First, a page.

I was still young enough to be in love
with war: how mortar shell’s concussion
kicked me in the chest hard enough
I died small deaths every red morning,
how if I made it home, those two girls
twittering behind me, either of them
I could dip backwards on crowded street
and stop her whole life with a kiss,
how killing one Jerry, even one,
would be enough to make my Polish father hate
this world a little less.
But I lost
how much less unbearable I made
it for him, and then how many times
I woke to a car door slamming in the night,
which pulled at me hard enough
only hours alone at the kitchen table
and day’s strengthening light could quiet me,
when a newspaper thumped on the porch
and a boy pedaled an empty street.
Now I am old and difficult enough
to know to be afraid for the world,
for my sons who I see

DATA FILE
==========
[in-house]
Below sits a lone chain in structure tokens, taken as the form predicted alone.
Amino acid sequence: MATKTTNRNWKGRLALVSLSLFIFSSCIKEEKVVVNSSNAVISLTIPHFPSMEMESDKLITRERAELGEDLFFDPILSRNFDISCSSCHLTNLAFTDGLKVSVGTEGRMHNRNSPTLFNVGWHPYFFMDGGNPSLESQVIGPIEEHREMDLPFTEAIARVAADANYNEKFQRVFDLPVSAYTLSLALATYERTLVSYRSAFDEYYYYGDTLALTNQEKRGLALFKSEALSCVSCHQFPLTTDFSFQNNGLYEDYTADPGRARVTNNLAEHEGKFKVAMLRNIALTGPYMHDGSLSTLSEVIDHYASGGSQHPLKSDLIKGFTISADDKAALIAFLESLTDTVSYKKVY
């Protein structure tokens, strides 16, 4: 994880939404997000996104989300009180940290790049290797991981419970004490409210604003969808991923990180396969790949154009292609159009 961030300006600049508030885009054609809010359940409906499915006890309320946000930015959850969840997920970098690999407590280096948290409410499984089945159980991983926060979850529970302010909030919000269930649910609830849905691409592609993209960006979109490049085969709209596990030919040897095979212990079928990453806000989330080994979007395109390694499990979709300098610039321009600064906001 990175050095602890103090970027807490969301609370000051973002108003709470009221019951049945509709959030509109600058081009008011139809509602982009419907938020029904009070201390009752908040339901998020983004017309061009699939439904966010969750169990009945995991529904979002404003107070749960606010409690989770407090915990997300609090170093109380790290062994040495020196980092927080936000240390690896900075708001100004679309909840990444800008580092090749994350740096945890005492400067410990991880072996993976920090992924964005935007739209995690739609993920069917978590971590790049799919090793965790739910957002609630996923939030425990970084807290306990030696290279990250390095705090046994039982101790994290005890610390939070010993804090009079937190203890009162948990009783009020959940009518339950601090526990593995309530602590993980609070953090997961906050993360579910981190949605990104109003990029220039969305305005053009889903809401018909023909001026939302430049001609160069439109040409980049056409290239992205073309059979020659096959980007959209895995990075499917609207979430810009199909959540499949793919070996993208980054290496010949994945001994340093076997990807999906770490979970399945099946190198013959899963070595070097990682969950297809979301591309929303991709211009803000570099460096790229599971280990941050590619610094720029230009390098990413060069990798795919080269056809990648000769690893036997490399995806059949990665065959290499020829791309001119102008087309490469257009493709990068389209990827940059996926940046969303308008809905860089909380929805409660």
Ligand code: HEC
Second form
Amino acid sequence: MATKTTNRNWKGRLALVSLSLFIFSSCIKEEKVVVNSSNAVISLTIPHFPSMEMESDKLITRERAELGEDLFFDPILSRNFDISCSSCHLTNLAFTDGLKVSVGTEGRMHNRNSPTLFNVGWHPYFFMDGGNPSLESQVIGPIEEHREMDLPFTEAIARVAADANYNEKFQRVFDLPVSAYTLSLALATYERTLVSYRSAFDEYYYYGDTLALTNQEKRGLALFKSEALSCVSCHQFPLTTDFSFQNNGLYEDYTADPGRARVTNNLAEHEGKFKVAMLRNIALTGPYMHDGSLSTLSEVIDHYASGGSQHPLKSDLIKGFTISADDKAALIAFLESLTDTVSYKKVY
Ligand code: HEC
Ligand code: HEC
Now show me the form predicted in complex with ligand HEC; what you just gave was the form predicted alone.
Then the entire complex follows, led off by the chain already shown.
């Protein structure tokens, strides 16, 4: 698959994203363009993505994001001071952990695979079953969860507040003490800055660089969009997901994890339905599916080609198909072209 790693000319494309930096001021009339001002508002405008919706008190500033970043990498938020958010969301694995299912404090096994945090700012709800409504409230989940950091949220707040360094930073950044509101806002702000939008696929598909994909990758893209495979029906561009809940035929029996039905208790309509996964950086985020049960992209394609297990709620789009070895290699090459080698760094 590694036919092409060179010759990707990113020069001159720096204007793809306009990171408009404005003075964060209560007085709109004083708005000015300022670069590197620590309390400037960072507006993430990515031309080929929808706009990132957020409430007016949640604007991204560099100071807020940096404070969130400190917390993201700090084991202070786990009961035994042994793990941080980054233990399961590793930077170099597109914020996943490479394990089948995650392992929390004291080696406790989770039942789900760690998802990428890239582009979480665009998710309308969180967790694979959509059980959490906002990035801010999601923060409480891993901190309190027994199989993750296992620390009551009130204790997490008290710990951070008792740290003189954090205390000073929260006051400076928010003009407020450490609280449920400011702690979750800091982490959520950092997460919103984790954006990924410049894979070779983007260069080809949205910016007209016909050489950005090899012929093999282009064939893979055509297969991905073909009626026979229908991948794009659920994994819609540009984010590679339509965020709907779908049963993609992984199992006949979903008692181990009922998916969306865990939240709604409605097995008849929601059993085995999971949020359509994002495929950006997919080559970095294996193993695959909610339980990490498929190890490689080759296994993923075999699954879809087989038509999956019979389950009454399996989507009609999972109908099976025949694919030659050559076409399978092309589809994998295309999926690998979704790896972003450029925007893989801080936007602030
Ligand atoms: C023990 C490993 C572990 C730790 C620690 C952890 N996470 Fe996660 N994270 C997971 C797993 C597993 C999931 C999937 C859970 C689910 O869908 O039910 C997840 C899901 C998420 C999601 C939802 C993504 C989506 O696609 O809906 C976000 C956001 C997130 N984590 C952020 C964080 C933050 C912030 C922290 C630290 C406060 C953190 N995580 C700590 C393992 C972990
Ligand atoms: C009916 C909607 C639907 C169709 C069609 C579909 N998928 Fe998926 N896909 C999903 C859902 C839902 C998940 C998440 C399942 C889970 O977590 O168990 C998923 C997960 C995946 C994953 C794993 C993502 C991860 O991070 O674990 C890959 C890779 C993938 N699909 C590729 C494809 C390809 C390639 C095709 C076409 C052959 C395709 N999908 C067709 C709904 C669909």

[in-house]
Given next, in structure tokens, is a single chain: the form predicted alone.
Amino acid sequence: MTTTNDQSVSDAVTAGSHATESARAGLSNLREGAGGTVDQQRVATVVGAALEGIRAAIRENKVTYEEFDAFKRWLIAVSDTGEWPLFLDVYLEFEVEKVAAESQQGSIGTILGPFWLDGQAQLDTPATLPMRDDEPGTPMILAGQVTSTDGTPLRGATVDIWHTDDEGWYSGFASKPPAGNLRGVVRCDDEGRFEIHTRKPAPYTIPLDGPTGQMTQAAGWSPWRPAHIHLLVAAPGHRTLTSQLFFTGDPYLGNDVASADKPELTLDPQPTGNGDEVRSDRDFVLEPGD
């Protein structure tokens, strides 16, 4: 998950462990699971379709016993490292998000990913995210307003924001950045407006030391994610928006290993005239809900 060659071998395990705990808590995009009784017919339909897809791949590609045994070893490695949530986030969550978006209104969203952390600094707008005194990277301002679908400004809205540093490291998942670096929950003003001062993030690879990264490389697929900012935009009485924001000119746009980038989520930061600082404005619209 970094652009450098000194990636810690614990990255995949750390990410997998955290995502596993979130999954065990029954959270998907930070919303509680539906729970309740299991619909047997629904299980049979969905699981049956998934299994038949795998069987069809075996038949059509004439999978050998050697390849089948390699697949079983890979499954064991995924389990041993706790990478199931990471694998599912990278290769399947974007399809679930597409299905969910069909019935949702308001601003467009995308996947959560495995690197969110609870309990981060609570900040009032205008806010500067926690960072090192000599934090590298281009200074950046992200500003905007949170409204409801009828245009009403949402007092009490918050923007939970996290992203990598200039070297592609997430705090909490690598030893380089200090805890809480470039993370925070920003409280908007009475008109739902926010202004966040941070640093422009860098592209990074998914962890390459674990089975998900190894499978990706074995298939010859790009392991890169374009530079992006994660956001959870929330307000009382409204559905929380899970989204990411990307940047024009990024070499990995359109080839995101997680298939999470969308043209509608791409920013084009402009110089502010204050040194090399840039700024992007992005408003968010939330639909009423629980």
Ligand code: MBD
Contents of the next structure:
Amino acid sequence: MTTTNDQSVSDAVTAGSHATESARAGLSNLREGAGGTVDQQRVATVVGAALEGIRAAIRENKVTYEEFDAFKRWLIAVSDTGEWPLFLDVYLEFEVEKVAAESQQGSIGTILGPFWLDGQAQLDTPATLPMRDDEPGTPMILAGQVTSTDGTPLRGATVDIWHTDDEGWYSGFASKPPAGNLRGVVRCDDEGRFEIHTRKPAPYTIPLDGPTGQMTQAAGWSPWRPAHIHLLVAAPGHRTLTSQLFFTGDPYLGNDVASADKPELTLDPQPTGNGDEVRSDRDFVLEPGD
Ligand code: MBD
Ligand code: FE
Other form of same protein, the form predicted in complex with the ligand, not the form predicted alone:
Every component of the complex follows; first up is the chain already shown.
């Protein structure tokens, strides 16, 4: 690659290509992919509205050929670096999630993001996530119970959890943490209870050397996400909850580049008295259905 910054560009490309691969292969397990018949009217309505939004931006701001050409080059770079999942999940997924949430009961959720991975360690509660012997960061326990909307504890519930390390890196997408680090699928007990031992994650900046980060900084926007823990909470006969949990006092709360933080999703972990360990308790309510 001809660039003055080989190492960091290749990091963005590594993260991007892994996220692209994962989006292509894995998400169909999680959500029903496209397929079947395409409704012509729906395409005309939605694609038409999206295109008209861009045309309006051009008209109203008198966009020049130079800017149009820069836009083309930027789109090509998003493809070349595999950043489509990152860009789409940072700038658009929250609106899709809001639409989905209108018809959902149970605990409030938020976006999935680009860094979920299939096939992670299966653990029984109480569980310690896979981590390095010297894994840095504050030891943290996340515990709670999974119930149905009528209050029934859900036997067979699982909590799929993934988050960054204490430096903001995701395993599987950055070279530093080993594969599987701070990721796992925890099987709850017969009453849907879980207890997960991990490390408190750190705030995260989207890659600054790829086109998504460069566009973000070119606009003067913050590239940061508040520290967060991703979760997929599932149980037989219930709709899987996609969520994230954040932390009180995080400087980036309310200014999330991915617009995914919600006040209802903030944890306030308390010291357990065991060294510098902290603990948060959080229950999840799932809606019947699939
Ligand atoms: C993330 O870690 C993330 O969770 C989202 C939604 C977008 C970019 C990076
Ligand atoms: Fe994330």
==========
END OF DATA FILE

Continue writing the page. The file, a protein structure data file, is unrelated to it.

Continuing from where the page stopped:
in the distance and don’t call out to.
For that boy in the picture
who believed there was only one way
he could become a man.
Half of my family didn’t come to America until after World War II, which has always seemed like a hole in my life. So much of their history (and mine) can never be recovered. Responding to found photos from 1940s through ‘60s America has given me the chance to explore the challenges and triumphs of an era that’s much more complicated than we often are led to believe and, even more than that, to imagine another version of what my story could have been.